The bill integrates the 1998 law’s protections into U.S. national security priorities, mandating that the ambassador at large for religious freedom – currently Rabbi David Saperstein, a veteran Reform movement leader — report directly to the secretary of state. It also adds new requirements for presidential reporting to Congress on religious freedom violations and training for diplomats in identifying violations of religious freedoms.

Read more at http://www.thejewishweek.com/news/national/house-passes-bill-protecting-circumcision-ritual-slaughter-religious-freedoms#GxKU6Wx8pbXOw5lZ.99

Wednesday, May 4, 2016

Tools of the Trade VI - Forceps


Of course there are different kinds of forceps!  (Why are you thinking of these ?)
This is not a bris instrument

These forceps (the ones I use) look more like large tweezers to most people - and that's what they are.

Some people might use it to grab skin they need to contend or deal with in the scheme of bandaging.

I use them as the sterile go-between from my hands, to pick up or move sterile instruments or
bandages when I'm setting things up before I've put gloves on.

Because a bris takes places in stages - prep, circumcision, checking baby afterwards - there is a lot of shifting between gloves and sterility to non-sterility. As a result, there are times when it is helpful to have an extension of the hand whose tip touches nothing but sterile items, while its handle comes in contact with a clean-but-not-sterile hand.

Tuesday, May 3, 2016

Tools of the Trade V - Hemostats and Scissors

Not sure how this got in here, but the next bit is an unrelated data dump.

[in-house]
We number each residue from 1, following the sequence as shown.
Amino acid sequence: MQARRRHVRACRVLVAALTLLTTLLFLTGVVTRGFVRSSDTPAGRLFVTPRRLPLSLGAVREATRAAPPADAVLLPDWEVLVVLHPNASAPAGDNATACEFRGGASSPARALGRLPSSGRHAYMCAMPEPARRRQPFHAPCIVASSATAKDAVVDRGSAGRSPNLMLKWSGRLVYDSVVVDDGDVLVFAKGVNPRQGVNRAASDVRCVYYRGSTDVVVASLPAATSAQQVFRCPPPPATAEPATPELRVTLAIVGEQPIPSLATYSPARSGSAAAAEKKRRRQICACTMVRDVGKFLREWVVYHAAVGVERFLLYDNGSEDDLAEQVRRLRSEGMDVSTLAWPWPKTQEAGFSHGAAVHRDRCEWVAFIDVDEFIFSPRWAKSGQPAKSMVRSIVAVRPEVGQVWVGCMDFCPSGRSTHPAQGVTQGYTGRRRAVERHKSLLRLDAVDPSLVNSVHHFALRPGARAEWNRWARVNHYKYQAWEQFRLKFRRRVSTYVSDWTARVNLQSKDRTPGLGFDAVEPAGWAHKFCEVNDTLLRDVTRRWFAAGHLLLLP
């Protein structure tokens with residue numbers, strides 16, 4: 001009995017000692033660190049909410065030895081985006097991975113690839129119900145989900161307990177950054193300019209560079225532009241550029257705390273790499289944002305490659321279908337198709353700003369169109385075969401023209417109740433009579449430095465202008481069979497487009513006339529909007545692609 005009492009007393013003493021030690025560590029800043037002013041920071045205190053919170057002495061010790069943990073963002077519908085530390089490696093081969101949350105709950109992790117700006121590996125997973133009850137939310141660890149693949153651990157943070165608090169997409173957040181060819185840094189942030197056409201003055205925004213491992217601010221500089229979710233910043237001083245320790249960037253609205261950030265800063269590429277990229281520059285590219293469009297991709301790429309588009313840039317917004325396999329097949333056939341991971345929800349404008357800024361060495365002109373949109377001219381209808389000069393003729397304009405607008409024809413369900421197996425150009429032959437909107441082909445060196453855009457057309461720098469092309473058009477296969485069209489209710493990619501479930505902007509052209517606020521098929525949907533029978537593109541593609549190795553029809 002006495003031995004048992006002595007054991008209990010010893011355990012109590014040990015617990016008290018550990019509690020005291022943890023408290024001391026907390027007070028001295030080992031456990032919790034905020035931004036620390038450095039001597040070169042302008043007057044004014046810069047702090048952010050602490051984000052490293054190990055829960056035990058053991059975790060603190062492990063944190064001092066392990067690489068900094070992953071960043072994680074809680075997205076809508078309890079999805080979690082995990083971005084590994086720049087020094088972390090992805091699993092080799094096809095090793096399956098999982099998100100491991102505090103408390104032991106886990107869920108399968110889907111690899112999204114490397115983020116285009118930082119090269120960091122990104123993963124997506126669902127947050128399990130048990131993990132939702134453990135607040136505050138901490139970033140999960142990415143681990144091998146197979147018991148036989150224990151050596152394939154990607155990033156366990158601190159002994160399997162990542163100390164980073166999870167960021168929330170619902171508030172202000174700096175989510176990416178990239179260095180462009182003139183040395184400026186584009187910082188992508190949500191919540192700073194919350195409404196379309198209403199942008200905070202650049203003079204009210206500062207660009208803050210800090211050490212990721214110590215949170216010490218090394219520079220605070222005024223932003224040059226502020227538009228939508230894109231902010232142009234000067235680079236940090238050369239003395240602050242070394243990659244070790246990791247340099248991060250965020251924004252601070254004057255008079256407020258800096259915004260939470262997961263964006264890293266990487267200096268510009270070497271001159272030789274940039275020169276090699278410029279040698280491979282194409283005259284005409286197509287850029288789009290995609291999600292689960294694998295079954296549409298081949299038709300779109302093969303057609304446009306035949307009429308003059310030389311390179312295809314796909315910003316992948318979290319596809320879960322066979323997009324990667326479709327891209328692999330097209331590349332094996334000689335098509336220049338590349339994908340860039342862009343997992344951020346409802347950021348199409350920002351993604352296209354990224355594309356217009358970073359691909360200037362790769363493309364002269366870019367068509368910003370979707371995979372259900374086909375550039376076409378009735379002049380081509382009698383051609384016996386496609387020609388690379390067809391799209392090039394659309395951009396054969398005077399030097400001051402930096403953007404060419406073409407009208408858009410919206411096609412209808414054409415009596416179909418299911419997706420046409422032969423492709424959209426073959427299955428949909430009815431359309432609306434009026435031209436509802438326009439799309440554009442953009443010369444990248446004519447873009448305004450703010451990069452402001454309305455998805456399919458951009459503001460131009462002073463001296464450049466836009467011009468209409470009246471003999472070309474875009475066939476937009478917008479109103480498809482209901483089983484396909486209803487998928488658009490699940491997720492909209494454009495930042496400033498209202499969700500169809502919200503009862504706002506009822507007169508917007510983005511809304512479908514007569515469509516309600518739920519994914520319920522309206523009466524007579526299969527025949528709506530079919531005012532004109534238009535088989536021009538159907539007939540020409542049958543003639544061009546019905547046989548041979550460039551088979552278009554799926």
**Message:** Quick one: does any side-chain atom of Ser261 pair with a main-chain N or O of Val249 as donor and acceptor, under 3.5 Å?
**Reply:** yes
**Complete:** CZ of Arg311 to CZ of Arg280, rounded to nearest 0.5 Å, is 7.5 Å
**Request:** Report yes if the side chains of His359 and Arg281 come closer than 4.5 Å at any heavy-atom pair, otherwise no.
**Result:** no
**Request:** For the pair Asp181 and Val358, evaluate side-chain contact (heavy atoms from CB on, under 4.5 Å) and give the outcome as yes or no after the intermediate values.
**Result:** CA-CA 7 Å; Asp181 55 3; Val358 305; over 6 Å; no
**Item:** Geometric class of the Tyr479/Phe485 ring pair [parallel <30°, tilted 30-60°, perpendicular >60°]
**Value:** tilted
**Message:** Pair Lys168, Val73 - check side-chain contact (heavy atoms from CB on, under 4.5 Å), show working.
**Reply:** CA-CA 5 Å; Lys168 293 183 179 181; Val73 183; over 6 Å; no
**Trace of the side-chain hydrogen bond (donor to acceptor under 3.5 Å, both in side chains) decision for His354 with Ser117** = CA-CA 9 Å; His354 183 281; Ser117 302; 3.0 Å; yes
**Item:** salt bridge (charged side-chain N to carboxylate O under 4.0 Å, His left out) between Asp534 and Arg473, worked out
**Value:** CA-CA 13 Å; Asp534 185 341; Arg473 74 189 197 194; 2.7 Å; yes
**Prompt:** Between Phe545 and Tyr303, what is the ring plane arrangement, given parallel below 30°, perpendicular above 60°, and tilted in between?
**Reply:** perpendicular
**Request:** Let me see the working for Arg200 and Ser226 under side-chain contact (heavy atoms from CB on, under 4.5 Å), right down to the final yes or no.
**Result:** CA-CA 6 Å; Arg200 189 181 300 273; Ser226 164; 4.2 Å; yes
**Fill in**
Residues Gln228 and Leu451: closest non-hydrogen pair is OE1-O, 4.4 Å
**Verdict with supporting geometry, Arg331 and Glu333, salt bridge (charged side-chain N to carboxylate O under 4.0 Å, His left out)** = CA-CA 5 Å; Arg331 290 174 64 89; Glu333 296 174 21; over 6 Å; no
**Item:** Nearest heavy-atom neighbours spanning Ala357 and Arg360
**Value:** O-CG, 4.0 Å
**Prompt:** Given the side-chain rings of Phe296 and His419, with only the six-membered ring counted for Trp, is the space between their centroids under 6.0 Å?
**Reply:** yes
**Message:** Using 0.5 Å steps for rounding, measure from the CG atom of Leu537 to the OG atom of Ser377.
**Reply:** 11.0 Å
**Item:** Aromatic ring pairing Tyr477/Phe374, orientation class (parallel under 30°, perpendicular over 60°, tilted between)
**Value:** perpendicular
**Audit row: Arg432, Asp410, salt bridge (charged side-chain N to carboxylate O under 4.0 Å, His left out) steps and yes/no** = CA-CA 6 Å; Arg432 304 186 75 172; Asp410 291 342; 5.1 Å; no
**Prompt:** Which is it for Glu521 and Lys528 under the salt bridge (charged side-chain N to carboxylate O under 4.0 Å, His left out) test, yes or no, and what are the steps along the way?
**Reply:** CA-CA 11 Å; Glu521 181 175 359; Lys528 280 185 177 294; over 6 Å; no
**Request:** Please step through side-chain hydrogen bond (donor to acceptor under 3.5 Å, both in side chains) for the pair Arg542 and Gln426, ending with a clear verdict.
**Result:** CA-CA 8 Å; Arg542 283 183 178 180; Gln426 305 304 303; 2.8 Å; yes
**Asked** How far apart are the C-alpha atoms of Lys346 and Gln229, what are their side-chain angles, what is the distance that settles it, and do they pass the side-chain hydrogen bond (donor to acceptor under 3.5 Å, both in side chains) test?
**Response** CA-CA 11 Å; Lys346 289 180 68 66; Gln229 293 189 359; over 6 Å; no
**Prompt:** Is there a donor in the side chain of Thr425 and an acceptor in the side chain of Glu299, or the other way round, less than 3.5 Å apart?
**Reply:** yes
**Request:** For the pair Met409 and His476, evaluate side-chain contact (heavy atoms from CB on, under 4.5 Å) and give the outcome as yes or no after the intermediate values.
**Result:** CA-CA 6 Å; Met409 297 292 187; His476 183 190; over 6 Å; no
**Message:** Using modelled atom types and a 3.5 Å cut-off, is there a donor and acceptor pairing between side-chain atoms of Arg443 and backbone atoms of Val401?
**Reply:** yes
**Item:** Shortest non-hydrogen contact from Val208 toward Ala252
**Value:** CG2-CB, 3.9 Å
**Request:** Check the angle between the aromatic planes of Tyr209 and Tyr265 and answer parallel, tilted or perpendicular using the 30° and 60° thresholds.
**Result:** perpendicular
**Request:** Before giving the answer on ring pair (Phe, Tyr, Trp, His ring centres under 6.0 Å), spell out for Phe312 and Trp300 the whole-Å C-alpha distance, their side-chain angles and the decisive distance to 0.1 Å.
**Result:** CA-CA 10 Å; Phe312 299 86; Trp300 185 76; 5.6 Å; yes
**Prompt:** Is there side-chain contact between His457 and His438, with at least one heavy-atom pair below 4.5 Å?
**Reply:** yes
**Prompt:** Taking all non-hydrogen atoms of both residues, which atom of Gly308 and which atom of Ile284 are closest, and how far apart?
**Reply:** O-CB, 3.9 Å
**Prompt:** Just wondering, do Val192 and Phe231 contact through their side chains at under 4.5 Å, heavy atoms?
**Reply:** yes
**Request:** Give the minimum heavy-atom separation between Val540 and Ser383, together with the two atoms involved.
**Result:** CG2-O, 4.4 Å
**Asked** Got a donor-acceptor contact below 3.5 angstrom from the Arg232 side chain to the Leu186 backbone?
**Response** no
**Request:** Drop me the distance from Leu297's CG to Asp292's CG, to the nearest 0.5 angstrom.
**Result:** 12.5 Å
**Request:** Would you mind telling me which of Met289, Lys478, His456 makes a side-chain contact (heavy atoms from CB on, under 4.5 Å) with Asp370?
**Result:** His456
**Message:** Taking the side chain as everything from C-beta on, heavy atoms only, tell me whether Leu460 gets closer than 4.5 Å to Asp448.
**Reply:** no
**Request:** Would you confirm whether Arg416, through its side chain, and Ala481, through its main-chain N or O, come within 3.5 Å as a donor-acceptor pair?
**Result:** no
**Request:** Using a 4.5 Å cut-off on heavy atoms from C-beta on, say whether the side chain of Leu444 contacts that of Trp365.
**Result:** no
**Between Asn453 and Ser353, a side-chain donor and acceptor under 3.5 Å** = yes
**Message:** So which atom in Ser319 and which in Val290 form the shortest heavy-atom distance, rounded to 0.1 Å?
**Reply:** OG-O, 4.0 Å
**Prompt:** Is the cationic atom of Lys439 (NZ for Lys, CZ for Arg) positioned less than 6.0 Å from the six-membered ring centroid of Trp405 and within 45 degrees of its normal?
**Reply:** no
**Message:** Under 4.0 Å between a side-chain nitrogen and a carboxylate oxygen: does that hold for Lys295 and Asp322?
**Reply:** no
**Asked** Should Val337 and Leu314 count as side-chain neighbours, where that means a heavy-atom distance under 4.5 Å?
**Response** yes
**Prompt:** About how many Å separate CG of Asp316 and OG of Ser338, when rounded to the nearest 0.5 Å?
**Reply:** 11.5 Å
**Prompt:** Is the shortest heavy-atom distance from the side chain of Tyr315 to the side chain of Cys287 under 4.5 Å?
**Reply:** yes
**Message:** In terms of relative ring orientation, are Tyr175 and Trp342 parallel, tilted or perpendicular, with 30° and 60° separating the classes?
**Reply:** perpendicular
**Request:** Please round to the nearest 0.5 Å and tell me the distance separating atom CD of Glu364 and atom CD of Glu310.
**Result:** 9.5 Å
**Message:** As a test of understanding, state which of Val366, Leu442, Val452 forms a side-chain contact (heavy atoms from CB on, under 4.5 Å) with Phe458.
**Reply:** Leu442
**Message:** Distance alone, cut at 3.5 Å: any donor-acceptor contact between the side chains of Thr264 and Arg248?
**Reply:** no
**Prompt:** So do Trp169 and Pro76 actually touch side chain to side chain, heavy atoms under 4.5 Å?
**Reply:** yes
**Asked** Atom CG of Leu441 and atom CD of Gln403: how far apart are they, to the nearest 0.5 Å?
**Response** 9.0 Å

Straight Hemostat
I know, I know. They all look like scissors. And while one of them certainly IS a pair of scissors (see below), I assure you that the others ones are not cutting implements. Or instruments, for that matter.

So what are they for?

The straight hemostat is the key ingredient that allows for this form of bris to take place. Its job is to grab the foreskin and the membrane beneath it at the same time so the circumcision can take place in one-step.
Blunt edged scissors
Bent Hemostat















The bent hemostat and the blunt scissors are sometimes used, to remove the "tzitzin ha'm'akvin" - the extra membrane, or the inexact skin that may have resulted from the bris. This is not specifically the mohel's fault or the result of a job poorly-done, as much as it is just the circumstances and the reality. (Sometimes it might be the mohel's fault, but he is taking the opportunity to fix it in a manner that he can). Why blunt? So it doesn't poke or stab the baby - our goal is foreskin and membrane removal, nothing more.

Remember that the mohel's job is to produce an as-beautiful-as-possible circumcision. And he does not have the benefit of the privacy of the operating room to do that. This is why some cases produce the need for the two-step process, which is probably better presented as "making things pretty."

Simply put, these are primarily the back-up instruments the mohel carries in his bag-of-tricks, which come in handy sometimes or often.

Of course, there are mohels who will claim to never use them. They are either VERY expert mohels, or they are not sharing everything about themselves. :)